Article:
"Control Factor" S2 / E3
- B- Community Grade
Lie to Me is a show that has been pulling together a lot of the pieces that would make a show that works, but it’s still missing the one last ingredient that would make it a can’t-miss show. That ingredient may be something that all of the fine-tuning in the world just couldn’t quite fix because the show, as it stands, is just kinda boring way, way too often. The show has a problem that’s very similar to House or The Mentalist. Tim Roth’s Dr. Lightman is fascinating, with Roth giving a terrific performance, but everything else on the show is pretty hit and miss, unless Roth is somehow involved. New showrunner Shawn Ryan has done a great job of spiffing up the things that needed spiffing up, but he can’t get over the fact that there are a zillion shows on the air like this one, and it’s hard for this one to clamor for air.
Tonight made the nearly fatal (to the episode, at least) decision to send Lightman on vacation. Now, episodes of crime-solving dramas where the lead crime solver goes on vacation and has a case fall into his lap are a time-honored tradition. Yes, they’re a little implausible, and yes, this probably wouldn’t really happen when a detective or human lie detector or guy who stares at things really hard went on vacation, but it’s one of those things I’m willing to go with, just because the show clearly needs to switch things up every so often. Tonight, Lightman and his daughter went down to Mexico (which you know is Mexico because the scene is shot with some sort of yellow filter, as though this were Traffic or something), and, wouldn’t you know it, a woman had recently disappeared and Lightman had to look into it. There was a quick aside about how many Americans disappear in Mexico, most part of drug cartel-related crossfire, but mostly, that was trying to hang a lantern on the fact that, well, the idea of suddenly running across crime on a vacation is a little implausible.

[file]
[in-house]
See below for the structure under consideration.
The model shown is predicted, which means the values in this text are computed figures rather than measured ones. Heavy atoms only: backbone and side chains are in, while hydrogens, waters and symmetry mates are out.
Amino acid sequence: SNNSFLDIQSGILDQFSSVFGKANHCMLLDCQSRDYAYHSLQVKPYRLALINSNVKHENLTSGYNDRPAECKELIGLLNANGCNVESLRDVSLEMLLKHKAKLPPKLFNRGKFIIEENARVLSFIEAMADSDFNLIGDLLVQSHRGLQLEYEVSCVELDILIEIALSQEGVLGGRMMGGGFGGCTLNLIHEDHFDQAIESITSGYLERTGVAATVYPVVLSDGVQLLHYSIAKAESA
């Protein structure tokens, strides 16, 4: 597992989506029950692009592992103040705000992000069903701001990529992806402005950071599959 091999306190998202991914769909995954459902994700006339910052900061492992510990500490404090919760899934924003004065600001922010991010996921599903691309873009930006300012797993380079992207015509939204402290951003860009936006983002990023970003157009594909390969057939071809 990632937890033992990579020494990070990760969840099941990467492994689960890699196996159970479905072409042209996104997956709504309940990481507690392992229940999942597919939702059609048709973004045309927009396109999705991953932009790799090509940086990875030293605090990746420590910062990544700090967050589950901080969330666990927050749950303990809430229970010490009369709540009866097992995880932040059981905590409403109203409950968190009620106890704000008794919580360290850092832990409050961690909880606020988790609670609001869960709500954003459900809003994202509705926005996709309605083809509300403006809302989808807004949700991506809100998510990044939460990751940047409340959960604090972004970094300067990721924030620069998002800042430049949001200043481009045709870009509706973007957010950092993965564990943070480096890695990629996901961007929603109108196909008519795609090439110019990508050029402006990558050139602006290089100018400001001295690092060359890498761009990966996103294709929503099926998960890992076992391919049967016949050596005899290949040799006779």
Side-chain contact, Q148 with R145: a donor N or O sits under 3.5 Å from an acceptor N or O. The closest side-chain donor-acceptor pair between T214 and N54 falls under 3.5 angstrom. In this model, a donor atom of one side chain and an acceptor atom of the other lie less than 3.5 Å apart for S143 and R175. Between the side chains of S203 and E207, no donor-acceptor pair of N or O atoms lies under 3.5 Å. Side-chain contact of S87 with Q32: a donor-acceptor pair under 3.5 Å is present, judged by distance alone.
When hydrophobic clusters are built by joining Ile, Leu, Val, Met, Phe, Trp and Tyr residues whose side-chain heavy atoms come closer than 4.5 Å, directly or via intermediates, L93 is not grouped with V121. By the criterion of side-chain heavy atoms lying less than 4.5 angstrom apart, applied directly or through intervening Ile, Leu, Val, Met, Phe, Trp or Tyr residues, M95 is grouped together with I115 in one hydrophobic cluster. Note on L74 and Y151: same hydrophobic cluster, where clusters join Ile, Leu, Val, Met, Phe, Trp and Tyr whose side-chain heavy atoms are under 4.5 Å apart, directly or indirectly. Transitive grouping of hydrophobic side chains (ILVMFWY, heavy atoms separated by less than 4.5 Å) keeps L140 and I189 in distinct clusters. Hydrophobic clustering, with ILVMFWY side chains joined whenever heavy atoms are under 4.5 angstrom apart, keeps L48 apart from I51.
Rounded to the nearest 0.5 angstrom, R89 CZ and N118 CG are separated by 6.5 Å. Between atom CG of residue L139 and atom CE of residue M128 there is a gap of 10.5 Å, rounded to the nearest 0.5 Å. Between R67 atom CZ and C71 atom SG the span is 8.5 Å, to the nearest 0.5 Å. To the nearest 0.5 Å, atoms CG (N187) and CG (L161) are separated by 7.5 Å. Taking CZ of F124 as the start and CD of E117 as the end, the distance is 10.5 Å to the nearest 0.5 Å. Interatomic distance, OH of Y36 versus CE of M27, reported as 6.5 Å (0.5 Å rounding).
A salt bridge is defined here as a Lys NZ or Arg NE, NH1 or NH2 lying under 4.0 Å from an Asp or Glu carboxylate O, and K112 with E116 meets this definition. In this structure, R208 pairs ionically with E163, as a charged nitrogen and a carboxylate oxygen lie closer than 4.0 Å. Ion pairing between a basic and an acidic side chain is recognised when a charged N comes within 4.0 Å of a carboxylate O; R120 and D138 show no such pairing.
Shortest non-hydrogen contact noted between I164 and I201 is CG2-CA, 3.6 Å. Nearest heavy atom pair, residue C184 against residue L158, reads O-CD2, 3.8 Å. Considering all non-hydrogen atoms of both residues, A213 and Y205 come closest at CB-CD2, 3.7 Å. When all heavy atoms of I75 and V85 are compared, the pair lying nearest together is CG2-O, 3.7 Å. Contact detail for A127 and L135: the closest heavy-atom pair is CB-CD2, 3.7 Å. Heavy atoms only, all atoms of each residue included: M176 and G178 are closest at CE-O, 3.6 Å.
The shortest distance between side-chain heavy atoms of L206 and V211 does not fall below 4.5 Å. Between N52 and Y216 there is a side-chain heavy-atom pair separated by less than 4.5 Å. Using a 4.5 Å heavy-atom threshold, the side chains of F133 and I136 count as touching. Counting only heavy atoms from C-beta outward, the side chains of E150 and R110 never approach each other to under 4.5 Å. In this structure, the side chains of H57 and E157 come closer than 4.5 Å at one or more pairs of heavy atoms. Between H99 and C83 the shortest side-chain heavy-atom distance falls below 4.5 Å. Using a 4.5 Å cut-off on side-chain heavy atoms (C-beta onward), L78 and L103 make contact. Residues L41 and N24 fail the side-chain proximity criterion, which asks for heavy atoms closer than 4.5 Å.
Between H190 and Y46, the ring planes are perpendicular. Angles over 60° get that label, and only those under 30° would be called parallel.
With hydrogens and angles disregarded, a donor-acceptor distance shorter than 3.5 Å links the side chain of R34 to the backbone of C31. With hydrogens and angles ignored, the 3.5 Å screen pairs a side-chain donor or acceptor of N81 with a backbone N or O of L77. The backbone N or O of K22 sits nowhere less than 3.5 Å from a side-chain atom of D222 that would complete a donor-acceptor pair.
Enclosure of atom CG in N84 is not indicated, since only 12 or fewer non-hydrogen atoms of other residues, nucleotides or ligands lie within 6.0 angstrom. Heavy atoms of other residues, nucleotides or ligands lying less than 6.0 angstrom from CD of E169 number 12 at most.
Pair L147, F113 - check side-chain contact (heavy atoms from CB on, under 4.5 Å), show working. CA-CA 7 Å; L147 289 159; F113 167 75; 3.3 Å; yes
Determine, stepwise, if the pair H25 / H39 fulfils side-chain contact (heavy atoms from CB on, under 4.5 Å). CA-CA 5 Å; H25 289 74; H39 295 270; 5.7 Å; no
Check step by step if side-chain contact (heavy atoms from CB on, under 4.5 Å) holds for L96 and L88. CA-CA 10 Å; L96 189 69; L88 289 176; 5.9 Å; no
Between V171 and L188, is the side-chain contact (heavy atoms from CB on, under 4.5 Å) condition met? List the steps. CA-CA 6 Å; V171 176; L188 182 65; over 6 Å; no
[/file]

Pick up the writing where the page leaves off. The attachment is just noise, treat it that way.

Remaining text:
From there, Lightman eventually stumbled across a giant conspiracy to create some sort of designer egg factory, where you could get eggs from any type of woman you could want, all for bargain basement prices and for a less … let’s say … legally-challenged process when compared to countries like the U.S. or Canada. I love these kinds of mysteries on procedurals, where you think you’re heading in one direction (here, your drug cartel-related kidnapping) and you end up in some other, weird direction (an egg farm!), with a massive, yet believable, conspiracy that somehow makes a smidgen of sense in the end. The resolution of the Mexico mystery was maybe the best thing about the episode, especially that scene where Lightman and Torres went to meet with the egg guys undercover and Lightman tricked the “doctor” with some mumbo jumbo about the Coriolis effect.
The Mexico trip was also clearly an attempt to give Roth, who often feels like a sports car driving around a suburban neighborhood with extremely low speed limits on this show, something to ACT, and ACT he did. Lightman was off to Mexico with his daughter, Emily, and the trip was a chance for him to realize both how much she was growing up and just how unsafe she could be in a situation like this. Lightman raving about how his daughter was in danger and how she shouldn’t be playing Nancy Drew was another thing that worked in the episode, and actress Hayley McFarland made Emily’s “let’s clean out the barn and play detectives” gung ho spirit a lot of fun. The first season tossed too much sturm und drang into Lightman’s personal life, but this season (or, at least, this episode) is doing a better job of balancing believable parental concern with Lightman just enjoying the fact that he has a smart daughter he enjoys spending time with.